Looking into an off-grid or alternative wastewater solution for your home? You should consider a septic system. But there’s a lot to it.
So, we’ve put together this article to teach you the main parts of a septic system and how to maintain it. Let’s get started.
What is a Septic System?
A septic system is a wastewater treatment system for homeowners who don’t have access to public sewer systems or prefer a private, off-the-grid solution. Natural bacteria in the system breaks down organic matter (waste) so it can be safely deposited in a field.
The Parts of a Septic System: Glossary
Here is a glossary of words whose definitions you need to know. These make up the primary parts of a septic system:
- Distribution Box. Distributes waste water evenly to the seepage field. Not found on all systems.
- Grease Trap. Limits the amount of grease entering the septic tank. Unfortunately, grease and soap are not broken down by its bacterial action. FYI: Toilet waste passes directly into the septic tank. The grease trap is not found on all systems but it highly recommended.
- Inlet Baffle. Slows the flow of waste, allowing it to settle to the bottom of the tank.
- Inlet Cover. Provides access to the septic tank for inspections and cleanings. Also called an “Inspection Pipe.”
- Outlet Baffle. Slows the flow of waste and blocks solids from leaving the tank (where they might block the seepage field).
- Outlet Cover. Exactly what it sounds like. Not found on all systems.
- Outlet Pipe. Carries liquid effluent (partially treated sewage) to the seepage field.
- Pumping Cover. Provides access to the septic tank for cleaning. Not found on all systems.
- Seepage Field. Also called a “Leach Field” or “Drain Field,” this is a series of perforated pipes or tiles set in gravel and slanted away from the house. It is buried below the soil’s frost level so it doesn’t freeze. It allows waste water to be absorbed gradually over a large area.
- Seepage Pit. Perforated precast concrete or a hole lined with brikes or filled with rough stones. Reduces the load on the main septic sysstem when the demand is too great and the seepage field cannot be extended. Recommended for “gray water” only. Gray water is household water that comes from showers, clothes washing, baths, and sink water.
- Septic Tank. Watertight structure in which natural bacterial action breaks down organic solids. It slows the flow of sewage so that larger solids accumulate at the bottom as sludge, while grease and lighter particles rise to the top as scum.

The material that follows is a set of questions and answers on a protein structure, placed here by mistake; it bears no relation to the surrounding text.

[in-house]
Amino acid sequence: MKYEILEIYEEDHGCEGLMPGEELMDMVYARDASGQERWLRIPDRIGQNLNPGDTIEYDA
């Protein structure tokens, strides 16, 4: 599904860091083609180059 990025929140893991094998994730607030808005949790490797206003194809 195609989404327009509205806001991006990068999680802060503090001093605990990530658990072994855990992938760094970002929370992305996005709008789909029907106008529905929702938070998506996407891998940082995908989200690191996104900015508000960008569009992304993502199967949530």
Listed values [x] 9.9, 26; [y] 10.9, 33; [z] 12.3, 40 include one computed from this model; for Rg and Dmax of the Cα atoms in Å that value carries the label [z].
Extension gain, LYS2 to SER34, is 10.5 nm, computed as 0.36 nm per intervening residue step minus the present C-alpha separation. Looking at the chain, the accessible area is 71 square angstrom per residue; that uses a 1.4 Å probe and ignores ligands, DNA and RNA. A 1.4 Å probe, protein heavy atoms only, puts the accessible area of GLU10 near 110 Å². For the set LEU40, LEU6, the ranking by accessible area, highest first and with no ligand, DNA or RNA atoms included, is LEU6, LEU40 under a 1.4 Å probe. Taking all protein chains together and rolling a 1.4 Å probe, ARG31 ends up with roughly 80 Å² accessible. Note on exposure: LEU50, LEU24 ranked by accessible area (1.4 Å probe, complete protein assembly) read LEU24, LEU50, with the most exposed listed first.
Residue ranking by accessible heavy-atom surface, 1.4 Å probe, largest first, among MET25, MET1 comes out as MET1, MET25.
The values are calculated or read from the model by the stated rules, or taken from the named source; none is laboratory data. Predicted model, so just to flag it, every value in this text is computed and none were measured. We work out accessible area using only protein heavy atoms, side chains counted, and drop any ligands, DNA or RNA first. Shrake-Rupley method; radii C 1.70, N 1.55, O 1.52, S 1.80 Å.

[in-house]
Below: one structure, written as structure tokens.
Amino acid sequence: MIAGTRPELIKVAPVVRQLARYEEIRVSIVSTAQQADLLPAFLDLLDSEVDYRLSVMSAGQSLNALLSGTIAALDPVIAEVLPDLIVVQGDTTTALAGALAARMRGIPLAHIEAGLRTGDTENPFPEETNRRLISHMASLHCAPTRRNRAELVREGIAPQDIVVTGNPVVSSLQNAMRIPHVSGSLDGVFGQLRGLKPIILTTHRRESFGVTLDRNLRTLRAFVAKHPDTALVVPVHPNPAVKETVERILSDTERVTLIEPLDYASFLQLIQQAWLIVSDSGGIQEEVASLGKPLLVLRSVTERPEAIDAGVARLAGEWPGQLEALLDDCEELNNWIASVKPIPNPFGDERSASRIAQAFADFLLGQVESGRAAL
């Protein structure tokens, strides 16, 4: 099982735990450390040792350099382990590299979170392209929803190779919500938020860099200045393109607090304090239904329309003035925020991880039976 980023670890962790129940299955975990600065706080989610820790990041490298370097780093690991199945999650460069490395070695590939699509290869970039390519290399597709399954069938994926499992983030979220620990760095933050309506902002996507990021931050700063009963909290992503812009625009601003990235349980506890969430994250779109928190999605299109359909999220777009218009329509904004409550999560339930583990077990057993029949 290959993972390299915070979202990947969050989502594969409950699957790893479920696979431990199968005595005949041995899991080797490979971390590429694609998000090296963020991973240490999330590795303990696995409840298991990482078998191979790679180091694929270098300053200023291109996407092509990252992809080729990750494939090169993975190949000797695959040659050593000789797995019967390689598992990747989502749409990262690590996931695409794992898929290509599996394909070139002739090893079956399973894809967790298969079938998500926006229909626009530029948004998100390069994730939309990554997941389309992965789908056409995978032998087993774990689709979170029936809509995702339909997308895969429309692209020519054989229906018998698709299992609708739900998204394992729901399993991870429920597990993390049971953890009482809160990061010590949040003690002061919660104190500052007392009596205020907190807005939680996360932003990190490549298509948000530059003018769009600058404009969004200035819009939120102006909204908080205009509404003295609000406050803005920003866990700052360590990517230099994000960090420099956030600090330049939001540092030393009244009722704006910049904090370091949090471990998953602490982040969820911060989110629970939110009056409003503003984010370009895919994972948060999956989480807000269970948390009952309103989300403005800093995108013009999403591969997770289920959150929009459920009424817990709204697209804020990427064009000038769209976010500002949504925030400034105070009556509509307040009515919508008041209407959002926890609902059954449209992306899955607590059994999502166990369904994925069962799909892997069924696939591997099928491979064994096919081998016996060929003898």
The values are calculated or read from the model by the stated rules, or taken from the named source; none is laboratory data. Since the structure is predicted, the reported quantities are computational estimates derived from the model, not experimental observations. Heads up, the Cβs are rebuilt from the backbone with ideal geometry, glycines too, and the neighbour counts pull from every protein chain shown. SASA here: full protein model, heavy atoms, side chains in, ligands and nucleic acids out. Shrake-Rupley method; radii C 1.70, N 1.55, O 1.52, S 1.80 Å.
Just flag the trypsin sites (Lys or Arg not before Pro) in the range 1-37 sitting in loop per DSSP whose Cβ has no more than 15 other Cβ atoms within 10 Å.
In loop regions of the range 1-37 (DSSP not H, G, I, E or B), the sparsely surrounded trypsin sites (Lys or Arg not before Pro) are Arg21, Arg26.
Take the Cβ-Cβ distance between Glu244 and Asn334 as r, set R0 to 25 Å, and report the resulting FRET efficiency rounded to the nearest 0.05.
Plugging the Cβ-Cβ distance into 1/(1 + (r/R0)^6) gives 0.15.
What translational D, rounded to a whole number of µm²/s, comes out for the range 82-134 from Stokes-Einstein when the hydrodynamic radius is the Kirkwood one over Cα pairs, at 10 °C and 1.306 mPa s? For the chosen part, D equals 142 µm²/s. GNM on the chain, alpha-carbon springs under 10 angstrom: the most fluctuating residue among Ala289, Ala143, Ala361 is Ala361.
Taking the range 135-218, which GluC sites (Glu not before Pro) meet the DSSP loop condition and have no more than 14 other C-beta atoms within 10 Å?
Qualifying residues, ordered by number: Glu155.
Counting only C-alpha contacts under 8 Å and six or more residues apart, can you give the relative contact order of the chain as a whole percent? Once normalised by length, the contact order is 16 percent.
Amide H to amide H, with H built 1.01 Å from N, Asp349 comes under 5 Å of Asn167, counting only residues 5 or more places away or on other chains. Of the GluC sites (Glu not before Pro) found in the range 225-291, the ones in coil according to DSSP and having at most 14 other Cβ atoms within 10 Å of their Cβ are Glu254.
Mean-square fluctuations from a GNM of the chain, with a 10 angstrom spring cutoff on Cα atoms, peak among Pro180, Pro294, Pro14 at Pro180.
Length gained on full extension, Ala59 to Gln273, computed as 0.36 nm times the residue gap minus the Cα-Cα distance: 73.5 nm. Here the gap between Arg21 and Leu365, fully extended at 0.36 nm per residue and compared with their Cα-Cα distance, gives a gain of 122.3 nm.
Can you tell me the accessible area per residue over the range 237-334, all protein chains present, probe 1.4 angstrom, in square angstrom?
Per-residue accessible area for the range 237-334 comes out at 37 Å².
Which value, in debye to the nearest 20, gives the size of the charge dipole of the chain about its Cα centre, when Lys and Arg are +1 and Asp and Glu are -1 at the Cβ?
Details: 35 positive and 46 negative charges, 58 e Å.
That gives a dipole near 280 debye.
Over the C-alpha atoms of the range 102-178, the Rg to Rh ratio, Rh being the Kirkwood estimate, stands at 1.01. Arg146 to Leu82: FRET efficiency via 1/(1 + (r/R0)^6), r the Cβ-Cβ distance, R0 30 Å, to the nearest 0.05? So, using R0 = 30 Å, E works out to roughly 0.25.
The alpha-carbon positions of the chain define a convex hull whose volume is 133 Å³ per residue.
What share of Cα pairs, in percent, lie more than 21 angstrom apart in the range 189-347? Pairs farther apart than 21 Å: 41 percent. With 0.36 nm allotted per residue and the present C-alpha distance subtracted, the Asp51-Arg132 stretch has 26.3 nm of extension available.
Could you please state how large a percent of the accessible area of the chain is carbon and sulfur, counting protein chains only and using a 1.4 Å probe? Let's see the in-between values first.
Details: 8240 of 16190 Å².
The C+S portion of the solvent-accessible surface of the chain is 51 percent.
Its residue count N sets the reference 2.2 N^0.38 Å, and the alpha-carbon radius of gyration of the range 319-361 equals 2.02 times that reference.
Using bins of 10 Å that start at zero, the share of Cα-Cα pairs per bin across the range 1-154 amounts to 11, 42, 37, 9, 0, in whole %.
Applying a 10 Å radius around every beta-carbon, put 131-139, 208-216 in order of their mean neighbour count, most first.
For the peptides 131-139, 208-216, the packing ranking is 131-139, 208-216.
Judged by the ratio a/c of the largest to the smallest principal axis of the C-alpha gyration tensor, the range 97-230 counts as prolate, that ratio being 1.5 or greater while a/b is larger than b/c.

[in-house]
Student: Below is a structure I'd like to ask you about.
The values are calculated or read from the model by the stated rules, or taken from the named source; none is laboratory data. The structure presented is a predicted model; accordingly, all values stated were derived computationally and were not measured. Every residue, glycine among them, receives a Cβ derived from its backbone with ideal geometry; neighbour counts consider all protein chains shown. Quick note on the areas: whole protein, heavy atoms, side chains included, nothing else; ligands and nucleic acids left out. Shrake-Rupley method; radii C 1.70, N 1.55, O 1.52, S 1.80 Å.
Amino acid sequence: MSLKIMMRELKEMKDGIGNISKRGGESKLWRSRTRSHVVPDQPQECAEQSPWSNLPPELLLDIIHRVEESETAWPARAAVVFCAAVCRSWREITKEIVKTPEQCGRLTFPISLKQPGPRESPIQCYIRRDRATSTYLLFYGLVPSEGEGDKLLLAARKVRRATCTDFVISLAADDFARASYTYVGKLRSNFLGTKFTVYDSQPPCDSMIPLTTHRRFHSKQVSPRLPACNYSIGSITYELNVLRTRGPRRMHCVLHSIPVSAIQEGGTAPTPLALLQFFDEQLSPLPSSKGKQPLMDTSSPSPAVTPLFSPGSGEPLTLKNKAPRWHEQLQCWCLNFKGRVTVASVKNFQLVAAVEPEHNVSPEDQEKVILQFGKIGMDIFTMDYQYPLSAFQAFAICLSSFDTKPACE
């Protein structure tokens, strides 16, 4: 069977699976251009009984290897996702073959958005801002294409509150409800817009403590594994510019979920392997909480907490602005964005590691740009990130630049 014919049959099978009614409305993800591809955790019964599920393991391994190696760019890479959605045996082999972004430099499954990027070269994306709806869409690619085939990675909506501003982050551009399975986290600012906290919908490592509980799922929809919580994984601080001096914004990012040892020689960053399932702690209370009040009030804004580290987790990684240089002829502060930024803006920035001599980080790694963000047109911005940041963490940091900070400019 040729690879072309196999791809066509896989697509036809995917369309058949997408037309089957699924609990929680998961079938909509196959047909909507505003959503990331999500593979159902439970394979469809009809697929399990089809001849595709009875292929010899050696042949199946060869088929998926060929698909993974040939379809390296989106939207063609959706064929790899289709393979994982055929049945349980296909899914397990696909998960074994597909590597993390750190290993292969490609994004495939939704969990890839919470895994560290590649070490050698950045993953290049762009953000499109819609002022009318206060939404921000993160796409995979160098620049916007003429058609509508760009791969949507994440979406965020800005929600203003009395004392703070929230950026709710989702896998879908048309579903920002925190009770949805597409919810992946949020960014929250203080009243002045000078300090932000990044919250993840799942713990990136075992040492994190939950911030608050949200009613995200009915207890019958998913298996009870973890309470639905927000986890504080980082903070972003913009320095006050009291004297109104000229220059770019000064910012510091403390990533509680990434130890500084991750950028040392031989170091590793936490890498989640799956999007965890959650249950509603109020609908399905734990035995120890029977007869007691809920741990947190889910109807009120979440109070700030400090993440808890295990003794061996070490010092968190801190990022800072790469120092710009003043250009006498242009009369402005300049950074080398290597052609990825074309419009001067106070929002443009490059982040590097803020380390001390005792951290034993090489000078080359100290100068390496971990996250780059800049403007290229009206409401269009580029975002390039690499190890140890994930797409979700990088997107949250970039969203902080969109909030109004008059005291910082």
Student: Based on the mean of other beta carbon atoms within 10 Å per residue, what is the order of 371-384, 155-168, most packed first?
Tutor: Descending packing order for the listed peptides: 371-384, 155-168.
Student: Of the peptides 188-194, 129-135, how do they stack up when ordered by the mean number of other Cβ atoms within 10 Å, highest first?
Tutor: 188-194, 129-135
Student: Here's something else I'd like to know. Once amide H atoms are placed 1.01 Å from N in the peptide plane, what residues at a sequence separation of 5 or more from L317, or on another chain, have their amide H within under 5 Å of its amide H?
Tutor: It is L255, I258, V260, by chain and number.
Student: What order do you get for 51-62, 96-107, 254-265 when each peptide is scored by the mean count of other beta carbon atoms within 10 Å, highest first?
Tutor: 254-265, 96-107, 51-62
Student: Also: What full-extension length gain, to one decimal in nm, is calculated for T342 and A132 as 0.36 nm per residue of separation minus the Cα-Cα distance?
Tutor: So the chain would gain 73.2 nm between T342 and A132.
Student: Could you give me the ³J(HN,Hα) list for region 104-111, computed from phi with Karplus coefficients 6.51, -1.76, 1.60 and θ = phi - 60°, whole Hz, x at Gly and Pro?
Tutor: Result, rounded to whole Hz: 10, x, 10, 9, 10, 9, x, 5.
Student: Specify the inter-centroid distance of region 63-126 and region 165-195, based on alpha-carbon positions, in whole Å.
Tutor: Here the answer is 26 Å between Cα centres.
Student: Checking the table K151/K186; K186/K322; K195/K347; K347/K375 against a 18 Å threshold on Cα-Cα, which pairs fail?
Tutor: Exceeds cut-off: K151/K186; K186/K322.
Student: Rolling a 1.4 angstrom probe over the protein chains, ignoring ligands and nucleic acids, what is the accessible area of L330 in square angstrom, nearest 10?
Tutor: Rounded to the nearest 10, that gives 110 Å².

- Sewer Line. Carries waste water from your home’s main drain to the septic tank. Local plumbing codes determine the minimum distance from the house to the tank, as well as the depth of the entire system.
Servicing & Maintaining a Septic System
Household sewage — 99 percent of which is water — moves from the house through the sewer line to a septic tank for treatment. There, it is divided into 4 components:
- Sludge, which is trapped in the tank
- Scum, which also is trapped in the tank
- Gas, which escapes back through the sewer pipe and out the house vent
- Liquid Sewage, which flows to a seepage field beneath the lawn
If your system is sluggish or overloaded, first check that indoor plumbing fixtures are not at fault. A leaking faucet or running toilet may be sending hundreds of gallons of water into the system unnecessarily. Have the tank inspected and cleaned at least as often as required by the local health department. This usually amounts to every 2 to 5 years.
My Lawn is Soggy. What Do I Do?
When part of the lawn remains soggy even in dry weather, or household drains are sluggish or smell bad, have a professional service the septic system.
The tank might need to be pumped out, the grease trap might require cleaning, or the outlet pipe could be blocked. More serious problems include compacted soil, broken pipes or baffles, or a too-small seepage field.
One solution for increased demand is to add a seepage pit to back up the main system. When a seepage pit is installed without its own septic tank, it can treat only uncontaminated water.
If the soil is no longer absorbent, it might be necessary to dig up and replace the seepage field and its gravel bed. In all cases, refer to local plumbing codes and leave the job to a professional unless you have expertise in this area.
How Do I Maintain My Septic System?
- Repair broken plumbing fixtures as quickly as possible.
- Stagger washloads, baths, and showers to avoid periods of heavy demand on the septic system.
- Avoid overuse of chemicals such as bleach, toilet bowl cleaners, and drain openers. These upset the natural bacterial action of the septic system.
- Do not pour cooking oils, fat, grease, coffee grounds, or paper towels down the drains
- Never drive or park over the seepage field; the weight might damage pipes or compact the soil which hinders absorption.
- To facilitate cleaning and inspection, locate and mark the pumping and outlet covers. Sketch a map of your yard showing the sewer line, septic tank, and seepage field.
The parts of a septic system are fairly easy to understand, especially with visual aids like the photos above. But the entire septic system is complex and delicate. To work properly, it needs to be regularly maintained by the homeowner and a professional.
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- 3 types of septic system seepage pits
- What is a private water well?
- The best septic-safe toilet paper
- 7 signs of problems with your septic system
- 3 types of plumbing systems
- Excavation page
1-Tom-Plumber’s certified team of plumbers and drain technicians respond immediately to any emergency plumbing, drain cleaning, or water damage problem. We also handle the excavation of underground water lines and sewer main lines. Our immediate-response team is available every day and night of the year, even on holidays.